RICE, Walter (c.1560-?1611), of Newton, Llandefaison, Carm.

Published in The History of Parliament: the House of Commons 1558-1603, ed. P.W. Hasler, 1981
Available from Boydell and Brewer

Family and Education

b. c.1560, 1st s. of Griffith Rice of Auckland, co. Dur. and later Newton, by Elinor, da. of Sir Thomas Jones of Abermarlais. m. Elizabeth, da. of (Sir) Edward Mansell of Margam, Glam., 4s. 7da. suc. fa. 1584. Kntd. 23 July 1603.1

Offices Held

J.p. Carm. from c.1583, sheriff 1585-6.2


The West Wales family which eventually shortened its patronymic to the surname Rice rose in the fifteenth century through marriage to a descendant of the princes of South Wales and the acquisition, by lease from the Crown, of their ancient manor and castle of Dynevor, overlooking the Tywi. The climax of the family fortunes came when Rhys ap Thomas led Henry of Richmond’s Welsh followers to his aid at Bosworth, and was richly rewarded in lands and offices. He consolidated his position by marrying a daughter of the 2nd (Howard) Duke of Norfolk, and either he or his grandson built at Y Dre Newydd, in the precincts of Dynevor castle, the family seat which went by the name of Newton. But on the grandson’s attainder for treason in 1531, Newton and the other widespread estates reverted to the Crown, and most of them went to the neighbouring families of Devereux, Jones of Abermarlais and, later, Perrot. Griffith Rice, Walter’s father, was restored in blood by Edward VI’s first Parliament, and Queen Mary took him into her service and restored some of the forfeited lands still in her hands. But another attainder—this time for murder committed in County Durham, or according to other accounts at Boulogne—left him once more landless.3

Queen Elizabeth pardoned Griffith Rice in 1559, and in 1561 restored to him the Pembrokeshire lands and the old family seat at Newton, to which, two years later, she added some of his father’s Cardiganshire property. But it was in Carmarthenshire only that he was able to exercise something of the ancestral sway, and that only in competition with other rising houses. His son Walter, the 1584 Carmarthenshire MP, backed by his influential father-in-law Sir Edward Mansell, succeeded to this position, and also received some preferment at court, the nature of which has not been ascertained. ‘In consideration of his service’ he was given in 1594 a 41-year lease, without fine, of further crown lands in the counties of Carmarthen and Pembroke.4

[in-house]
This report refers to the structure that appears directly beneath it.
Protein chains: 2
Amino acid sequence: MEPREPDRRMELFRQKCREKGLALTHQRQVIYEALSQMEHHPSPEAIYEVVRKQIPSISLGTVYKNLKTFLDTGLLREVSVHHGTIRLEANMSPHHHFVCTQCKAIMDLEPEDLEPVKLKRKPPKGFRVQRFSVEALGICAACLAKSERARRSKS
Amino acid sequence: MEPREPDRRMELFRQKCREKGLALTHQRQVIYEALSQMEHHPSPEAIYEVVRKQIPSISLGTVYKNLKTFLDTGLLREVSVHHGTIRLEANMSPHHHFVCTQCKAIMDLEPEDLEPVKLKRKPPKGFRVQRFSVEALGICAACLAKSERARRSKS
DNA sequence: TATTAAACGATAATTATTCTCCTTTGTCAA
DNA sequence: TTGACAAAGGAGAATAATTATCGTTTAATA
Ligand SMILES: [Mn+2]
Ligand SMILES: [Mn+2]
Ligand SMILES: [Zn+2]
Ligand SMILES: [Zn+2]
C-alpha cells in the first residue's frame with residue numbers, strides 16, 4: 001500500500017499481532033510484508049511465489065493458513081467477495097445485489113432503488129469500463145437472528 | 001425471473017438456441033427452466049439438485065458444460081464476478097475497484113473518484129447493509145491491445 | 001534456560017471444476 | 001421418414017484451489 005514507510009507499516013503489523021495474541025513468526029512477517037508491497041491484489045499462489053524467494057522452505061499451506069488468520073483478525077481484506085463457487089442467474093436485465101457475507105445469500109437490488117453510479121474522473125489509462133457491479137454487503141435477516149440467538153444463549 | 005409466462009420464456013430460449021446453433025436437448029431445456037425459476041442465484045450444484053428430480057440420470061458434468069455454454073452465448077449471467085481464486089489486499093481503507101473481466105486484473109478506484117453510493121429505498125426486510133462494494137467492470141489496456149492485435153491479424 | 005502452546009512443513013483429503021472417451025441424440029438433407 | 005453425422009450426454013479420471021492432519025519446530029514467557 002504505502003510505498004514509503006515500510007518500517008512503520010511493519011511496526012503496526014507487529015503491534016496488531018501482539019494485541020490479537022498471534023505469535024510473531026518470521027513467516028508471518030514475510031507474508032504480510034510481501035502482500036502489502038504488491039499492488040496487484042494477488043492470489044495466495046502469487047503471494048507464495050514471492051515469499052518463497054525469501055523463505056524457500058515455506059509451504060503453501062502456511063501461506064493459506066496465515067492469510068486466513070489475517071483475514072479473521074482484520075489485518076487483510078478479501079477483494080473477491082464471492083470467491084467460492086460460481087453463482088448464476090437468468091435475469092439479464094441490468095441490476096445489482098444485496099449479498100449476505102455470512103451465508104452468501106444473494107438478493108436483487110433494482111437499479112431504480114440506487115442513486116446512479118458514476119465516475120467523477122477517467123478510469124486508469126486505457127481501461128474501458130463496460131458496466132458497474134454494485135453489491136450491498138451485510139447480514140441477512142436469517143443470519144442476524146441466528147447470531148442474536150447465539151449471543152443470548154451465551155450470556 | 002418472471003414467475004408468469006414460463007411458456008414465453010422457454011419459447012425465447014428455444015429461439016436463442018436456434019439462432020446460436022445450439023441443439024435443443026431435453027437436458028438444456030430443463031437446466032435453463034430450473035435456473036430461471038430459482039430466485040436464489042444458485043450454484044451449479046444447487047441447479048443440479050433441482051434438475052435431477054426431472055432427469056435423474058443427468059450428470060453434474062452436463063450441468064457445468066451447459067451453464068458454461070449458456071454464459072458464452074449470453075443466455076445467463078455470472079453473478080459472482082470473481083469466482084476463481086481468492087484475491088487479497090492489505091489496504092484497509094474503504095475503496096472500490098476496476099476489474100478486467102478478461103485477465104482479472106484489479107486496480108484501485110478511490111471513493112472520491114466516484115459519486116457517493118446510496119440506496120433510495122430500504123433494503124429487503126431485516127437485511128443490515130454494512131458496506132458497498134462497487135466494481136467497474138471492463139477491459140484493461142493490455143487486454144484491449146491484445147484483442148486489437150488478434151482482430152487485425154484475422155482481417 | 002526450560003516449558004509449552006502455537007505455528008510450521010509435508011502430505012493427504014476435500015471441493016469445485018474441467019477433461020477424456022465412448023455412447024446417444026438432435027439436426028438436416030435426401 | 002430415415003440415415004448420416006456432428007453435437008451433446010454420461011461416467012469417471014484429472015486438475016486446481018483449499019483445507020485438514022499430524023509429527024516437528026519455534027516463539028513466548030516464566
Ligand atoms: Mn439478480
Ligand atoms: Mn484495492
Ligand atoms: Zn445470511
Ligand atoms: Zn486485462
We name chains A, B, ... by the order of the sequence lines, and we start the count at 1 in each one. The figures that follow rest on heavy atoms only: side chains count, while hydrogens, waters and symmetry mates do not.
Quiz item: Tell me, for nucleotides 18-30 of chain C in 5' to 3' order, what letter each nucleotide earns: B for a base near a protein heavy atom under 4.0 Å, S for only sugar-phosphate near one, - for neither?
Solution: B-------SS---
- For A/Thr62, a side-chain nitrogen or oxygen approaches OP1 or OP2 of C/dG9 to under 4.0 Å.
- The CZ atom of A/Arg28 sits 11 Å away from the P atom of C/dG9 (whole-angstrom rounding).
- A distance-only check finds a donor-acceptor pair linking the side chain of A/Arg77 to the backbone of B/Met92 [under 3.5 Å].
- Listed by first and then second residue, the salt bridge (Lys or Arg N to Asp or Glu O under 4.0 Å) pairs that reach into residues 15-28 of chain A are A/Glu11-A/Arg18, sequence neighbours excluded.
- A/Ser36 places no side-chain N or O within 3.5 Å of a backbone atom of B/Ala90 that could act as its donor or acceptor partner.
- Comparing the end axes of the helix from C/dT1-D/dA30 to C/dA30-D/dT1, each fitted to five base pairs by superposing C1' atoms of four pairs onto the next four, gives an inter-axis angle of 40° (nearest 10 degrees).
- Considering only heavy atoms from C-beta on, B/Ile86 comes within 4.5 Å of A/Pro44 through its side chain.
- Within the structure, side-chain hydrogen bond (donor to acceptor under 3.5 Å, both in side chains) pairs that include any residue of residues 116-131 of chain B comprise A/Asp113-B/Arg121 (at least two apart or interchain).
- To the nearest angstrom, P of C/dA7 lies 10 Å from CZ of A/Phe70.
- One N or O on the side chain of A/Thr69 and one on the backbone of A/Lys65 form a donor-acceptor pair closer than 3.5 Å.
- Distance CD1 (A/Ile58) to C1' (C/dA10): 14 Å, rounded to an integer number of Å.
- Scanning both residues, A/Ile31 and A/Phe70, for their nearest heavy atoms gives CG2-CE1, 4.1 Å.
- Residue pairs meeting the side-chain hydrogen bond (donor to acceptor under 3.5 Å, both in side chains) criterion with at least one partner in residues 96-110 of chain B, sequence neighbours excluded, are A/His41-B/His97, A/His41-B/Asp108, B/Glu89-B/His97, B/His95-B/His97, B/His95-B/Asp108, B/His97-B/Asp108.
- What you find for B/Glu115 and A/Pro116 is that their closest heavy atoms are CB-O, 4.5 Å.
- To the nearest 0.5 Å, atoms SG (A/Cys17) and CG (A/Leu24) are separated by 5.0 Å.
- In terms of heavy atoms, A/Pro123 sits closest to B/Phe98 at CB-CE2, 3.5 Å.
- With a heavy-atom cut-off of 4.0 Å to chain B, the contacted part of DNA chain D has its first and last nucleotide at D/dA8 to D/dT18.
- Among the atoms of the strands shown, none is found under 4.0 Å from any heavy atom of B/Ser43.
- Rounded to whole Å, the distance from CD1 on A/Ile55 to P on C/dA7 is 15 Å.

As a knight of the shire for a Welsh county Rice could have attended the subsidy committee appointed 24 Feb. 1585.5

When suspicion fell on the Devereux connexion in south-west Wales after the Essex revolt, Rice, described as ‘an esquire of fair living both in counties Pembroke and Carmarthen’ was one of those named as being able to report on the position in that area. Rice is stated to have died in 1611, though the man of this name whose death was recorded in the archbishop’s prerogative court that year was of Salisbury, Wiltshire. The family remained influential in local and parliamentary politics during the three succeeding centuries, and ultimately rose to the peerage with the title Baron Dinevor.6

Ref Volumes: 1558-1603

Author: A.H.D.


  • 1. Dwnn, Vis. Wales, i. 210-11; DWB, 847-8. Shaw, Knights, ii. 117 incorrectly describes Rice as of Lincs., perhaps through a misreading at some stage of Llandefaison for Lincoln. Walter Rice of Newton was certainly kntd. before the 1604 Parliament and no other man of this name has been traced.
  • 2. Harl. 6993, f. 64.
  • 3. RCAM Carm. 109-10; West Wales Hist. Rec. ii (1912), 118-19; DWB, 313, 840-1; Arch. Camb. (ser. 5), ix. 211-12; xi. 207-8; LJ, i. 312-13; CPR, 1548-9, p. 95; 1554-5, p. 28; 1557-8, pp. 310, 377.
  • 4. CPR, 1558-60, pp. 113, 386; 1560-3, p. 488; Exchequer, ed. E. G. Jones (Univ. Wales Bd. of Celtic Studies, Hist. and Law ser. iv), 84-5; Augmentations, ed. Lewis and Davies (same ser. xiii), 232, 237; Harl. 6993, f. 64; CSP Dom. 1591-4, p. 527.
  • 5. Lansd. 43, anon. jnl. f. 171.
  • 6. HMC Hatfield, xi. 93; DWB.